13) When is essence of essence and when is it important to be brought into conversation with consciousness?
14) What are the outcomes of technology? In what way are technologies appropriate for pedagogy (including the intended and unintended consequences/outcomes of access to technology)?
15) To what extent are universities an irresistible bed of nails? (including the issue of white privilege/how we make a case for a more level playing field)
16) Do universities need a radically different structure?
17) How do universities deal with the tensions between local and universal knowledge?/How do universities deal with different forms of knowledge?
The group decided to publish the outcomes of the discussions as well as the discussion paper by Frederick White and Johan van Zyl on funding of tertiary education after it had been revised following the discussion and input during the consultation.
It was also decided to develop a STIAS concept note (similar to those which set the agenda for other longer term research projects at STIAS – see stias.ac.za/research/themes/ ) which will also act as a wider invitation to engage/continue the conversation.
List of invitees and participants
Hugh Amoore (University of Cape Town)
Ahmed Bawa (Universities South Africa) – invited but unavailable
Jan Botha (Stellenbosch University)
Chrissie Boughey (Rhodes University)
Michael Cross (University of Johannesburg)
Magda Fourie-Malherbe (Stellenbosch University) – invited but unavailable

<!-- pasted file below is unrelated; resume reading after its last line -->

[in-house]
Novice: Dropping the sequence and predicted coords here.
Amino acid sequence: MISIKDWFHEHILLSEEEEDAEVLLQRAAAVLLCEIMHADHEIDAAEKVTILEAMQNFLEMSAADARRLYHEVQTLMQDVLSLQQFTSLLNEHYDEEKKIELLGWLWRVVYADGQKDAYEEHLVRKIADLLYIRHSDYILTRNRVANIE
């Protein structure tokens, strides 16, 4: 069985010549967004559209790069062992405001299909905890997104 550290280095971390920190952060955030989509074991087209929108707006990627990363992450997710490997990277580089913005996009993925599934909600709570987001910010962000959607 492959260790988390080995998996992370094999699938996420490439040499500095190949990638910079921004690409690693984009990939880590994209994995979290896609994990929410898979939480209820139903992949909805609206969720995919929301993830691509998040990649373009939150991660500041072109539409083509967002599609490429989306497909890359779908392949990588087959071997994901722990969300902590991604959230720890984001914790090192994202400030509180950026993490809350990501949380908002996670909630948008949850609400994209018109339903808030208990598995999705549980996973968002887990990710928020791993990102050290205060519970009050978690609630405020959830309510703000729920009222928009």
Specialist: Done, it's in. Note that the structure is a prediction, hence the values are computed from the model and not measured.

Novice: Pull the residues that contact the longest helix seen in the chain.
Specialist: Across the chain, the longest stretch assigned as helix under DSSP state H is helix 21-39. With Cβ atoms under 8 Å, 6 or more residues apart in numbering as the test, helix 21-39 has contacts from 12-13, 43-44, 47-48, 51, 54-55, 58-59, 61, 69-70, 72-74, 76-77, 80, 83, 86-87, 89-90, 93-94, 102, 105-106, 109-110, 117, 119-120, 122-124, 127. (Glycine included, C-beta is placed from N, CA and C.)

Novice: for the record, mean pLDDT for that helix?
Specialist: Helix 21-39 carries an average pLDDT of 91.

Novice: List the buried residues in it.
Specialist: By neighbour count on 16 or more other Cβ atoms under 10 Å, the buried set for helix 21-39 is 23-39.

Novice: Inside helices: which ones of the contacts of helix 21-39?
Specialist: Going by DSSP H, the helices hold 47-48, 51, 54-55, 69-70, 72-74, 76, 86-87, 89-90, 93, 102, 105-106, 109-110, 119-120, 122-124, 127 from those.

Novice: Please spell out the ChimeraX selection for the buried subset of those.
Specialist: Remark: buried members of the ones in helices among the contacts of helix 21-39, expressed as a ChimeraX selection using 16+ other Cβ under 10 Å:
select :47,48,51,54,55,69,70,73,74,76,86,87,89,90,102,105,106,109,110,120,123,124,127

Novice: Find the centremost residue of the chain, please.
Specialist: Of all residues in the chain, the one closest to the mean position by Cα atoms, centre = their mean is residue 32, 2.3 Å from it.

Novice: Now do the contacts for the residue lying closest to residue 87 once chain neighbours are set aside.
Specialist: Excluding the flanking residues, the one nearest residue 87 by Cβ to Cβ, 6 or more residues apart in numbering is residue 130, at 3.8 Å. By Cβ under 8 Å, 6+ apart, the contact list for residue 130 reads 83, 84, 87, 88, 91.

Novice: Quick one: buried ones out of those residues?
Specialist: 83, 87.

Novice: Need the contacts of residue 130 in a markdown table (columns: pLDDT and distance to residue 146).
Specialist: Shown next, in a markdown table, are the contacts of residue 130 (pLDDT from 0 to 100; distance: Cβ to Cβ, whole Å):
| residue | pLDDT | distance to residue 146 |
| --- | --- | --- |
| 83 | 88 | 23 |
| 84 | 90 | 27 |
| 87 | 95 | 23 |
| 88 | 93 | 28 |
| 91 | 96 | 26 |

Michelle Galloway (STIAS)
Hendrik Geyer (STIAS)
Johann Groenwald (STIAS)
Kirk Helliker (Rhodes University)
David Hornsby (University of the Witwatersrand)
Lis Lange (University of the Free State)
Bernard Lategan (STIAS)
Jeffrey Mabelebele (University of Limpopo) – invited but unavailable
Achille Mbembe (University of the Witwatersrand) – invited but unavailable
Njabulo Ndebele (University of Cape Town & STIAS) – invited but unavailable
Francis Nyamnjoh (University of Cape Town)
Christoff Pauw (STIAS)
Tyrone Pretorius (University of the Western Cape) – invited but unavailable
Daya Reddy (University of Cape Town) – invited but unavailable
Ihron Rensburg (University of Johannesburg) – invited but unavailable
Suellen Shay (University of Cape Town)
Derrick Swartz (Nelson Mandela Metropolitan University) – invited but unavailable
Peter Vale (University of Johannesburg)
Yusef Waghid (Stellenbosch University) – invited but unavailable
Frederick White (SANLAM)